To play with our code, let us download the ATT Faces dataset. The dataset consists of 10 black and white photos of each member of a group 40 individuals. 400 images in total.

library(pixmap)

url <- "http://www.cl.cam.ac.uk/Research/DTG/attarchive/pub/data/att_faces.zip"
filename <- basename(url)
download.file(url = url, destfile = filename)
unzip(filename, exdir = "faces")
dirname <- './faces/'
dirs <- list.dirs("./faces")
files <- list.files(pattern = ".pgm", recursive = TRUE)
V <- matrix(nrow = 92*112, ncol = length(files))
for (i in 1:length(files)){
  v <- read.pnm(file = files[i], cellres=1)
  V[,i] <- floor(as.vector(v@grey)*255)
}


#'@title Plot a face
#'@details Given a vectorized image, reconstruct its matrix and plot it
plot_face <- function(arr10304, col=gray(0:255/255)){
  m <- matrix(arr10304, ncol=92,  nrow = 112)
  image(t(m[112:1,]), asp=112/92, axes = FALSE, col=col)
}

# Plot some faces
par(mfrow=c(10,20), mar=c(0, 0.2, 0, 0), oma=c(0,0,0,0))
for(i in sample(400,200)){
  plot_face(V[,i])
}

Now we call our NMF algorithm using this dataset as input. Let say we want to use K=100 latent dimensions, or dictionary basis.

F <- nrow(V)
N <- ncol(V)
K = 100
W <- matrix(rpois(n = F*K, lambda = 10), nrow = F, ncol = K) 
H <- matrix(rpois(n = N*K, lambda = 10), nrow = K, ncol = N) 
res <- nmf_Lee(V, K, W, H, maxiters = 200)

Did the algorithm convergence? The KL divergence is improving slowly after 200 iterations, so we will stop here.

plot(res$KLlog, type='l', ylab= "KL divergence", xlab = "iteration")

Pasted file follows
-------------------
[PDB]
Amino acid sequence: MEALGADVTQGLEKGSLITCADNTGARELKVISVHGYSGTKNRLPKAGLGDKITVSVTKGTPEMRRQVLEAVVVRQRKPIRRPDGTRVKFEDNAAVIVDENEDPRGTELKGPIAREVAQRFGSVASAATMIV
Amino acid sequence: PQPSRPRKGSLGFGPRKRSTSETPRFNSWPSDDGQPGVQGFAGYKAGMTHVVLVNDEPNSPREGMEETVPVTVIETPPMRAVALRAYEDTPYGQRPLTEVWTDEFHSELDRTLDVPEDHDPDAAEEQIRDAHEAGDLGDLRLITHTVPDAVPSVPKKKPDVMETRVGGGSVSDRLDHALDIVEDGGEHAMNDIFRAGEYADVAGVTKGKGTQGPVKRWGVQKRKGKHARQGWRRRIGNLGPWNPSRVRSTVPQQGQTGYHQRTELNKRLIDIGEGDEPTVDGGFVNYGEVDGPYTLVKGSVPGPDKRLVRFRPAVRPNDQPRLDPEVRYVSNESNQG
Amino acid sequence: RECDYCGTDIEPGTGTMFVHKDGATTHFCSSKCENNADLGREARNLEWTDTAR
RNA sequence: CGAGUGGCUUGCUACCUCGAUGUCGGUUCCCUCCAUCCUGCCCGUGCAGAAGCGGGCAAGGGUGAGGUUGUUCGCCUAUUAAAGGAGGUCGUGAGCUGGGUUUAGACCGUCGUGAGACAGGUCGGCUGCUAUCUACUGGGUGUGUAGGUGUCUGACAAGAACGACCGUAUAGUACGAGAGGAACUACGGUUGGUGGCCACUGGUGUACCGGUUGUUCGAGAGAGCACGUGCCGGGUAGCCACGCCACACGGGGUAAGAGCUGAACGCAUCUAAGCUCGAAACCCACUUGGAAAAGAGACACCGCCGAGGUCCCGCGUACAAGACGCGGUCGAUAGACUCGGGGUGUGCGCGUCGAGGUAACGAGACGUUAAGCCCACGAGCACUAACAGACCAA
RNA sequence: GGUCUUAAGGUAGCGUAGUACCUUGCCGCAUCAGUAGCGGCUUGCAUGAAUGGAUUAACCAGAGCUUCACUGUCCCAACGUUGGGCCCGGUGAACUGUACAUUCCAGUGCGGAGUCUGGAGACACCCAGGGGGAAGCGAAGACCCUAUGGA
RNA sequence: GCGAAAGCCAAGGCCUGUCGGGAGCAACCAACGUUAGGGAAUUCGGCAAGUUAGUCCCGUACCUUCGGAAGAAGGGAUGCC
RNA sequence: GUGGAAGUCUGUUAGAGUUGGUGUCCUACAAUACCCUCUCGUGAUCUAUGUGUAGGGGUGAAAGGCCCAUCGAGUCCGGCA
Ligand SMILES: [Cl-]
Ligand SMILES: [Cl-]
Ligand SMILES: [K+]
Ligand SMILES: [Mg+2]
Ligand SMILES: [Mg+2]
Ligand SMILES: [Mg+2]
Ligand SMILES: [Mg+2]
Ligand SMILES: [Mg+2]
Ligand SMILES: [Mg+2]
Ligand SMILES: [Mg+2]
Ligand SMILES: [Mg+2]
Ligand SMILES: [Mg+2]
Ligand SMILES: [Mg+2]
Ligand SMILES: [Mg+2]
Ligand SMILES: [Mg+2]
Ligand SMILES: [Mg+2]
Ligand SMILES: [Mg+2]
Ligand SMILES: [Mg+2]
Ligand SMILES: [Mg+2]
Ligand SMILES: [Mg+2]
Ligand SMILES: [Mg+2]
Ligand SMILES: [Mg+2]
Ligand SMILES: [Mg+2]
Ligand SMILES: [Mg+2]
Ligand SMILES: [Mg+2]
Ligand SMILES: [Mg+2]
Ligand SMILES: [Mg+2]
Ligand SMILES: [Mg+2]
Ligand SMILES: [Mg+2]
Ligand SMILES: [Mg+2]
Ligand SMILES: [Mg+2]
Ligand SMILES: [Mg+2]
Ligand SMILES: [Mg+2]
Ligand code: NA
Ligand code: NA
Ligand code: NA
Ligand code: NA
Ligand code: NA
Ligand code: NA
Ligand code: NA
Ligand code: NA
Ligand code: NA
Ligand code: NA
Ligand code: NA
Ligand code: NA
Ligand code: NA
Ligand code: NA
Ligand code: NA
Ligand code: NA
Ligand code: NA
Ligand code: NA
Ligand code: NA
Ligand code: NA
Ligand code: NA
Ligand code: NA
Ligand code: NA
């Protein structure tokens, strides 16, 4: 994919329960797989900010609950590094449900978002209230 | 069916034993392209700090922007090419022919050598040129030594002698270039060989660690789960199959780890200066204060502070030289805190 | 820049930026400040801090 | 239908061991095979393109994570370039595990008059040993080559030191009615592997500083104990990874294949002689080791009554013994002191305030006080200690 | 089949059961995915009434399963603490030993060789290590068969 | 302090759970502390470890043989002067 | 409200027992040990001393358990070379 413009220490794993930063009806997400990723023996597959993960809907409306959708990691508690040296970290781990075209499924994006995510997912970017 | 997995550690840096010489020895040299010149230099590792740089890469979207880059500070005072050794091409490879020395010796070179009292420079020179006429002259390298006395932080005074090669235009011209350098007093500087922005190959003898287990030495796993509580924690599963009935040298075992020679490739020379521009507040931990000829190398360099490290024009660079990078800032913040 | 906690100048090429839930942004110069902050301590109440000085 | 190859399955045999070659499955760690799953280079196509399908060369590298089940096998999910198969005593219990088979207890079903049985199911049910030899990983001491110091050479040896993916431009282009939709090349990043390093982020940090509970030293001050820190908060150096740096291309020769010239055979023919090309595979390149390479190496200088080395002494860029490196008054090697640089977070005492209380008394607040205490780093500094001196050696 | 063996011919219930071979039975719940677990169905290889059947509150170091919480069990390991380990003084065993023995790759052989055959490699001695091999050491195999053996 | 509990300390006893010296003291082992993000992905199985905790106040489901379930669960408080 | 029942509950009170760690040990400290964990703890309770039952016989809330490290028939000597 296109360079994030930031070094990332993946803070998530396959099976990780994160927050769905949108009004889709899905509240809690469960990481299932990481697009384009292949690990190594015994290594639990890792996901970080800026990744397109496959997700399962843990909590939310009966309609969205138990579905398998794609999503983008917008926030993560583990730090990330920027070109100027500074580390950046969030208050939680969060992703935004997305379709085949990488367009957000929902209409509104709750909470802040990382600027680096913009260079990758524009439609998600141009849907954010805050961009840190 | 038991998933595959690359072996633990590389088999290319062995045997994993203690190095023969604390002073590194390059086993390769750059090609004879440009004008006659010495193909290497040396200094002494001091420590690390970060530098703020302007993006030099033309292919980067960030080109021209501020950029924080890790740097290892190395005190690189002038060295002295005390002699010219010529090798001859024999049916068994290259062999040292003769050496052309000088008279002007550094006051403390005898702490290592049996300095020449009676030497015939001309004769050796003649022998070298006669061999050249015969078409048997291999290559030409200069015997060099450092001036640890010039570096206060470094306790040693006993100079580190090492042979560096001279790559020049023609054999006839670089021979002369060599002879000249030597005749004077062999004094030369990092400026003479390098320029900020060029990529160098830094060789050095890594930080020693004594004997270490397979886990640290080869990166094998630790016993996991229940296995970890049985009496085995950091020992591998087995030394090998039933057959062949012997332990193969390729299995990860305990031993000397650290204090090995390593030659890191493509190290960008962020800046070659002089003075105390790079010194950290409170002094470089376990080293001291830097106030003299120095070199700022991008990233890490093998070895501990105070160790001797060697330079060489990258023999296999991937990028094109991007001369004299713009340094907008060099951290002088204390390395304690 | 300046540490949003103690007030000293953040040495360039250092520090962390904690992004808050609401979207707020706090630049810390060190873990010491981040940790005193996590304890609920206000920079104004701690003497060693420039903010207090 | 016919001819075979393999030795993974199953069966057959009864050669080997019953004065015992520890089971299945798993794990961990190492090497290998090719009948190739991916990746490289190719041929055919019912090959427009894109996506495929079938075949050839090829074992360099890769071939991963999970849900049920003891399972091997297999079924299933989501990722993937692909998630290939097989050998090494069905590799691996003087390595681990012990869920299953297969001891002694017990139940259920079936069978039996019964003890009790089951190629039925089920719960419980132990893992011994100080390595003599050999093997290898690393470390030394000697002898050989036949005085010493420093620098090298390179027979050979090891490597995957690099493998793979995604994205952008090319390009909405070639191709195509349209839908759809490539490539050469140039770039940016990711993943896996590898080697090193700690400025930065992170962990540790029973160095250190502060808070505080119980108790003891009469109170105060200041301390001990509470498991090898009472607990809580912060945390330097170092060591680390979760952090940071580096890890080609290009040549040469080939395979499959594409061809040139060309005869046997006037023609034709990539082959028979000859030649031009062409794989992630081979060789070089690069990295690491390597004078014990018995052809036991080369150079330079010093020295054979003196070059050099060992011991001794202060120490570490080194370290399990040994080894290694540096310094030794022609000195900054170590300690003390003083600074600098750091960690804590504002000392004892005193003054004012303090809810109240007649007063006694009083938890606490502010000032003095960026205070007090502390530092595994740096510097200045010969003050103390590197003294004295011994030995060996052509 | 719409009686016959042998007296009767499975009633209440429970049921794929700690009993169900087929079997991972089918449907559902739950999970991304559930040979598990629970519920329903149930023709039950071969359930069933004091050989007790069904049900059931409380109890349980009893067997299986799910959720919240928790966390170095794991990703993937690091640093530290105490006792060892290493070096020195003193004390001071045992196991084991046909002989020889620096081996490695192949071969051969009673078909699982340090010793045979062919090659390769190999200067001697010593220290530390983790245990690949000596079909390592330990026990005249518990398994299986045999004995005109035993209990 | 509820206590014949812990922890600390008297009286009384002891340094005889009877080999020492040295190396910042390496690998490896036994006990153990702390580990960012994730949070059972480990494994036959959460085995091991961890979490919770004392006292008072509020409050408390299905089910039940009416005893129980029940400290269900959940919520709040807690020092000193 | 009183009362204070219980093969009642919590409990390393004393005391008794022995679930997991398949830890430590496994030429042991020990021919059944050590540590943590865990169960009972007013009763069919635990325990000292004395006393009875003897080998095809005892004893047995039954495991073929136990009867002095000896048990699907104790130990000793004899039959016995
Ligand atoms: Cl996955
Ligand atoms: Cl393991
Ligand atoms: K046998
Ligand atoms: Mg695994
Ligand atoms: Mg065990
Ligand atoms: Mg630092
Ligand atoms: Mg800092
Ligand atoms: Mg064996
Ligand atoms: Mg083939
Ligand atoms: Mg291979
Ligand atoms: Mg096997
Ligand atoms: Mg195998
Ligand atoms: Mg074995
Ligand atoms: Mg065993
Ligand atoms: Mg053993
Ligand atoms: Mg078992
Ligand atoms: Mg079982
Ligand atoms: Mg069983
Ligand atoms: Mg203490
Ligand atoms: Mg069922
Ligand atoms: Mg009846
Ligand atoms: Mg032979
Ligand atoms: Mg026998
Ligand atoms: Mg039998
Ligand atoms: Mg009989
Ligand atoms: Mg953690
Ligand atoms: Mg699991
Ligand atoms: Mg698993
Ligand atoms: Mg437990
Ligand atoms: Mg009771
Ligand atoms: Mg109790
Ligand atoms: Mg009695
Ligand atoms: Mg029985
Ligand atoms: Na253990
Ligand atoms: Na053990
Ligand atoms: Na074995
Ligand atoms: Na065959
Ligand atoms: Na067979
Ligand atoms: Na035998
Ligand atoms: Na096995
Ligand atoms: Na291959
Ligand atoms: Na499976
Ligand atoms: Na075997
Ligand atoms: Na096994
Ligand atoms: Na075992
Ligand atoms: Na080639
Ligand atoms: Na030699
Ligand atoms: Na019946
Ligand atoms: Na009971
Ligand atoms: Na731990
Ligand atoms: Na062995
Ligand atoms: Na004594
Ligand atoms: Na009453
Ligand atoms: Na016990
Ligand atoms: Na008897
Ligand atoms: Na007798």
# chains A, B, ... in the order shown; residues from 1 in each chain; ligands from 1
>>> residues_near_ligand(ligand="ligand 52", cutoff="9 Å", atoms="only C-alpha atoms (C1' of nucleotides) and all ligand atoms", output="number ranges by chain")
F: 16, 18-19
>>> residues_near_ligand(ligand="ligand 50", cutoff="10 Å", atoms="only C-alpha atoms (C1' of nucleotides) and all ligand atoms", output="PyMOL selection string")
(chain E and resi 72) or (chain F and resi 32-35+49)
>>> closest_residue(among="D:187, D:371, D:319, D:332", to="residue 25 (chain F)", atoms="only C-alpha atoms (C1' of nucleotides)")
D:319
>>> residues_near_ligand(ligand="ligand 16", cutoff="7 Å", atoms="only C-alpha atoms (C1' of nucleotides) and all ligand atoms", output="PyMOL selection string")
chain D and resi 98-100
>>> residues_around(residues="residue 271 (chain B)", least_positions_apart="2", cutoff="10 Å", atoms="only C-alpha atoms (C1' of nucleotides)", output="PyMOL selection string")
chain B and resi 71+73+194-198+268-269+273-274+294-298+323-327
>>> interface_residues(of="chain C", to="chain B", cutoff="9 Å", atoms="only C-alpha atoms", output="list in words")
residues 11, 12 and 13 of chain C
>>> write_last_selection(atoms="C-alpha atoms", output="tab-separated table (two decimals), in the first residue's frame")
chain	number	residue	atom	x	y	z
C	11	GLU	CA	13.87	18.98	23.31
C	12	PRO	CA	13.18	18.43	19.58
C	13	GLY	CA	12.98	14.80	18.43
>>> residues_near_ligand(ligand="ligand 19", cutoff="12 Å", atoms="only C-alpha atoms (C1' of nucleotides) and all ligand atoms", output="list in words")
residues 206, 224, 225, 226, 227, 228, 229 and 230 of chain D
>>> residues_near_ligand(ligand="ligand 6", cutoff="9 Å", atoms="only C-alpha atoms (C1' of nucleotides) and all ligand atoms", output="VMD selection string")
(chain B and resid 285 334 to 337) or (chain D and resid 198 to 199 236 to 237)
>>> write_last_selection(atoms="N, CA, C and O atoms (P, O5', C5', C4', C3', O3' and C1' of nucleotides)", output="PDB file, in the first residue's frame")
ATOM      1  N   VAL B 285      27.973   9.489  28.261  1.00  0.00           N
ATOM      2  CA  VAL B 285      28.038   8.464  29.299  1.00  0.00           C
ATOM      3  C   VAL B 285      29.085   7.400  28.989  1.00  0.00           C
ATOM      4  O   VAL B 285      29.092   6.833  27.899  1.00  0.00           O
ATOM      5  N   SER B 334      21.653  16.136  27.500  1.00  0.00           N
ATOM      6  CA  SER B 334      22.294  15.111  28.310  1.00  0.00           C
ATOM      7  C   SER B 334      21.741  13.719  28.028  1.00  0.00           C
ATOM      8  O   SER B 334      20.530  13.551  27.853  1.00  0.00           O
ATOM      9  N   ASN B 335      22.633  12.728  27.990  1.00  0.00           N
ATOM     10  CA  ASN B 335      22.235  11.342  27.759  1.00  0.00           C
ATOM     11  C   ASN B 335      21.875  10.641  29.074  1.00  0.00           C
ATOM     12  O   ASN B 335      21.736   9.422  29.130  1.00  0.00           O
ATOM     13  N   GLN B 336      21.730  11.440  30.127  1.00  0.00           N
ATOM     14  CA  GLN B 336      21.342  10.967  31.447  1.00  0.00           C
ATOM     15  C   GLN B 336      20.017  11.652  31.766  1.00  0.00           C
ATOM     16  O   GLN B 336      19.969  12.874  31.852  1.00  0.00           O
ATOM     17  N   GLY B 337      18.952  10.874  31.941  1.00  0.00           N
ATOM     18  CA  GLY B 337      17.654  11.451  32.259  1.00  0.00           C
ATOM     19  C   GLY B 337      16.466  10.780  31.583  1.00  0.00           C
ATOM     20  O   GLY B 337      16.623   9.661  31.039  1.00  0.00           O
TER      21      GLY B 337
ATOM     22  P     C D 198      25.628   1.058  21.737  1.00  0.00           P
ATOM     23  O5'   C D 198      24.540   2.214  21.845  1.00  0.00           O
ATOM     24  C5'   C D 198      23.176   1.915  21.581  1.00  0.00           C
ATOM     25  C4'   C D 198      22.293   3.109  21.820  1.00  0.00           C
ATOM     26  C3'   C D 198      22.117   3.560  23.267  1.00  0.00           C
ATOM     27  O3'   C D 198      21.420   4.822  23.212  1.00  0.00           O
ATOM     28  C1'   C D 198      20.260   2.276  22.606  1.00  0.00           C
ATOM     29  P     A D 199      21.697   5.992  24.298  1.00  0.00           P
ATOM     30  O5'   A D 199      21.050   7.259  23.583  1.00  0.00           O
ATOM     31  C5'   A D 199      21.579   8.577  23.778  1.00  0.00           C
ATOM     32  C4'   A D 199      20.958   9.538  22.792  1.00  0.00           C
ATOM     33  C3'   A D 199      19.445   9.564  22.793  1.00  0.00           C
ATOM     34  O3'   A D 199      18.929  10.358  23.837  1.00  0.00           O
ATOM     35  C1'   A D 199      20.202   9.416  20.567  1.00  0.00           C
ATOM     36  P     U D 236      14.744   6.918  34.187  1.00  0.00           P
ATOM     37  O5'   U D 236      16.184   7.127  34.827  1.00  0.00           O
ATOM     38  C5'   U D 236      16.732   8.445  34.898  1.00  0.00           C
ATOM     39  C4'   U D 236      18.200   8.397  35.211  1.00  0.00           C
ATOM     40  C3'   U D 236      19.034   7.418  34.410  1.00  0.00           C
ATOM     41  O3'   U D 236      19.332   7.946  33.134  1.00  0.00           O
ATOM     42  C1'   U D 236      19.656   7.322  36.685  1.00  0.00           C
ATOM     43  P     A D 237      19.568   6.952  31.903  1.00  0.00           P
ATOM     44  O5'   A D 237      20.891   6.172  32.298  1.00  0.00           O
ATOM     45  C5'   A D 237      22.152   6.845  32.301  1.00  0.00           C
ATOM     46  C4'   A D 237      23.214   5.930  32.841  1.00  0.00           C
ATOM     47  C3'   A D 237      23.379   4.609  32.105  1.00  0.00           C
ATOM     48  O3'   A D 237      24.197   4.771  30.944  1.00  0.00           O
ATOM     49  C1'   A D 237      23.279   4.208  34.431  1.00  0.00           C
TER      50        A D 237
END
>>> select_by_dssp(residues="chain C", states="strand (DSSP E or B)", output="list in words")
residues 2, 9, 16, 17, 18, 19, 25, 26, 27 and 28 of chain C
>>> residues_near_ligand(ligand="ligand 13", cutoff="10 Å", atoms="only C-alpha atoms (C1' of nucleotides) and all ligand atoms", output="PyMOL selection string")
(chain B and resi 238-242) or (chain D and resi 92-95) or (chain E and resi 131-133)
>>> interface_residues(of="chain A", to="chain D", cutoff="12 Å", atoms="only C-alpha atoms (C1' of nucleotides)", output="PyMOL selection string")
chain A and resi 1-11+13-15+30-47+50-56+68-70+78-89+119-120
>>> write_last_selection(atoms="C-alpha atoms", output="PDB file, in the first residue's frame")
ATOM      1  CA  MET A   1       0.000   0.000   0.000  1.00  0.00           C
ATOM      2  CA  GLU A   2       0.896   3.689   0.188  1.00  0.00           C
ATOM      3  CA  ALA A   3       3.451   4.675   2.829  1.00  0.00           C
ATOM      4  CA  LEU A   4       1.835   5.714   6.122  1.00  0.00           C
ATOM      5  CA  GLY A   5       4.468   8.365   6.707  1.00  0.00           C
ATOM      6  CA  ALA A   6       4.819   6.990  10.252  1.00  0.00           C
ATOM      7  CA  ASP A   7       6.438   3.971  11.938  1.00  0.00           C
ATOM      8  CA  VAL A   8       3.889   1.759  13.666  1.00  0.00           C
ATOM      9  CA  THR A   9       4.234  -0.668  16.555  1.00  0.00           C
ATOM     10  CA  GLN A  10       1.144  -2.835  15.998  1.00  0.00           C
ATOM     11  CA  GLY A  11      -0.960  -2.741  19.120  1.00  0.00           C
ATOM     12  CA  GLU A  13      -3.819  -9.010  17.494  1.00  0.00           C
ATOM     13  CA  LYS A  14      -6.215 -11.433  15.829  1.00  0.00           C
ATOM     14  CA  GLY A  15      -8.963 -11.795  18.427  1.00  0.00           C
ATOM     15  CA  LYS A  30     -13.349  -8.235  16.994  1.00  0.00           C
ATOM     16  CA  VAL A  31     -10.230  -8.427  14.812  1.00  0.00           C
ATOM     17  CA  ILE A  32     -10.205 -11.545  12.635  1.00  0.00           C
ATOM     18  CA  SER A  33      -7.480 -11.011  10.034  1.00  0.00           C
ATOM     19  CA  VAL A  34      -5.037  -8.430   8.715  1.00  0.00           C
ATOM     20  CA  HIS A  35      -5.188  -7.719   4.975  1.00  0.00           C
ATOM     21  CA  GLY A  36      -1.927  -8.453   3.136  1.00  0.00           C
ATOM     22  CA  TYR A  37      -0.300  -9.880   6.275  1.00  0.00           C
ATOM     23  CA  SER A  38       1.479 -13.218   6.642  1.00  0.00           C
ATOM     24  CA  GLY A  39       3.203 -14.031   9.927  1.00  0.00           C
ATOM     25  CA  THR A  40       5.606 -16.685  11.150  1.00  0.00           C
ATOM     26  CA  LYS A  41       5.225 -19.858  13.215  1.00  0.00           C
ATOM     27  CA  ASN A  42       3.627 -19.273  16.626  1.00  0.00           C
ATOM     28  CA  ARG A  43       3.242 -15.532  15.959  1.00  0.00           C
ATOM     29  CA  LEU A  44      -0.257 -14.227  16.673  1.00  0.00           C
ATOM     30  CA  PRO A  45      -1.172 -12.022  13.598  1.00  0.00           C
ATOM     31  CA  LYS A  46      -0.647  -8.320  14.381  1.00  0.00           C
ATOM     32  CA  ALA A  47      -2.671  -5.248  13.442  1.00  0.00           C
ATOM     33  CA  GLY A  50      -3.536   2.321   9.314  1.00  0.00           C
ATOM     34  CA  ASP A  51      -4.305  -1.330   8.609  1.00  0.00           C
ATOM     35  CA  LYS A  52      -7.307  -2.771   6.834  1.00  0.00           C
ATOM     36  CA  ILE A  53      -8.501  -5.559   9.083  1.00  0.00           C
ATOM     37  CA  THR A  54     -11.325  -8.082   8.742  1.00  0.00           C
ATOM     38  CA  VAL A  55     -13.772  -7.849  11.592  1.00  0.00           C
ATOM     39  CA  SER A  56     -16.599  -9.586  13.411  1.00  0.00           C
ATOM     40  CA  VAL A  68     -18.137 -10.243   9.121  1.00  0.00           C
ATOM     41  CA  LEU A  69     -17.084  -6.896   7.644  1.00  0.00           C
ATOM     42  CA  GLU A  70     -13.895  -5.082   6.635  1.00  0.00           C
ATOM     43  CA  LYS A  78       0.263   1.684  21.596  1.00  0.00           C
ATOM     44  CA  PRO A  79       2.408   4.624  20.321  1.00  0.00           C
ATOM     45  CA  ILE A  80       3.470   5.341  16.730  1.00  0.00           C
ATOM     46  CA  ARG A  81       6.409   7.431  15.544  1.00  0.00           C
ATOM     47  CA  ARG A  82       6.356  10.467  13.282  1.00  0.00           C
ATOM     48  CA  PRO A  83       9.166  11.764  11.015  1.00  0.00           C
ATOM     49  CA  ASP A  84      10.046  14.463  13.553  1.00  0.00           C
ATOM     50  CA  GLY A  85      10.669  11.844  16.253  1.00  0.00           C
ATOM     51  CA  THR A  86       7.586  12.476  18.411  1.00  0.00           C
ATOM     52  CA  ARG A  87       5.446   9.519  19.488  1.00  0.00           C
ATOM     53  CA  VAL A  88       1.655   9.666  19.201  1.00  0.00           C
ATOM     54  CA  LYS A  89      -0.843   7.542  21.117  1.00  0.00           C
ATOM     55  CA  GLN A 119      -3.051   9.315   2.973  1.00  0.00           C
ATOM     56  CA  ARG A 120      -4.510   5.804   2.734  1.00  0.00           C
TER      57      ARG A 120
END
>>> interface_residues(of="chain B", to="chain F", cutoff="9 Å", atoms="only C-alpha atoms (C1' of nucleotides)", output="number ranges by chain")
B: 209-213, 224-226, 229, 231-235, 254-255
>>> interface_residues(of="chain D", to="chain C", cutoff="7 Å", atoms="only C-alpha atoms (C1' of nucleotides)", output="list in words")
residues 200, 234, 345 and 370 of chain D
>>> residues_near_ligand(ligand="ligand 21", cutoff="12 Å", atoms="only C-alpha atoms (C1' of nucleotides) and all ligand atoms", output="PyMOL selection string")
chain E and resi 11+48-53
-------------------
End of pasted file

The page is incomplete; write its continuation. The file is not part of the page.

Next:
Let’s see how does our dictionary look like, and let’s compare with the dictionary of a PCA:

# PCA 
pca   <- prcomp(V)
V_hat_pca  <- pca$x[,1:K] %*% t(pca$rotation[,1:K])

# Plot some faces and their reconstrctions
par(mfrow=c(10,20), mar=c(0, 0.2, 0, 0), oma=c(0,0,0,0))
for(k in 1:100){
  plot_face(res$W[,k], col = heat.colors(255))
}
for(k in 1:100){
  plot_face(pca$x[,k], col = heat.colors(255))
}

Dictionaries obtained with NMF (above) and PCA (below)

Note that, while PCA tends to create “holistic” bases, NMF prefers bases that focus on different parts of the face, which makes NMF more easy to interpret. Finally, let’s see how good the reconstruction is, and let us compare with a PCA:

# PCA
mu    <- colMeans(V)
pca   <- prcomp(V)
Kpca <- K
V_hat_pca  <- pca$x[,1:Kpca] %*% t(pca$rotation[,1:Kpca])
V_hat_pca  <- scale(V_hat_pca, center = -mu, scale = FALSE)

# NMF reconstruction
V_hat <- res$W %*% res$H

# Plot some faces and their reconstructions
par(mfcol=c(3,10), mar=c(0,1,0,0), oma=c(0,0,0,0))
for(i in sample(ncol(V),10)){
  plot_face(V[,i])
  plot_face(V_hat[,i])
  plot_face(V_hat_pca[,i])
}

Reconstructions obtained with NMF (above) and PCA (below)

Note that the quality of our reconstruction depends on the chosen number of latent dimensions or components K (the larger, the more expressive our dictionary basis), the convergence (we can try a bunch more of iterations) and the quality of the model to the data (KL is appropiate for Poisson data, PCA for Gaussian data).

Final remarks

The algorithm presented in this post was the one who triggered the interested in NMF in 1999. However, the story continued for the next years and until today, taking different research avenues.

In one of these avenues researchers proposed NMF algorithms to minimize other cost functions and assuming other likelihoods beyond Poisson and Gaussian. At some point, someone realized that there are some conections between cost functions and likelihoods: for instance, the KL minimization in this post is equivalent to find the MLE estimator assuming our data come from a Poisson distribution with mean WH.

On the probabilistic side, Bayesians consider W and H as random latent variables, and instead of trying to find point extimators for W, H they infer a posterior distribution over each of them.

Finally, scalability is another important issue nowadays: people are playing with optimization algorithms that use a subsample of the data at each iteration (Stochastic Gradient Descent, Stochastic Variational Inference…) so that iterations are computationally cheaper while keeping good convergence properties in terms of number of iterations.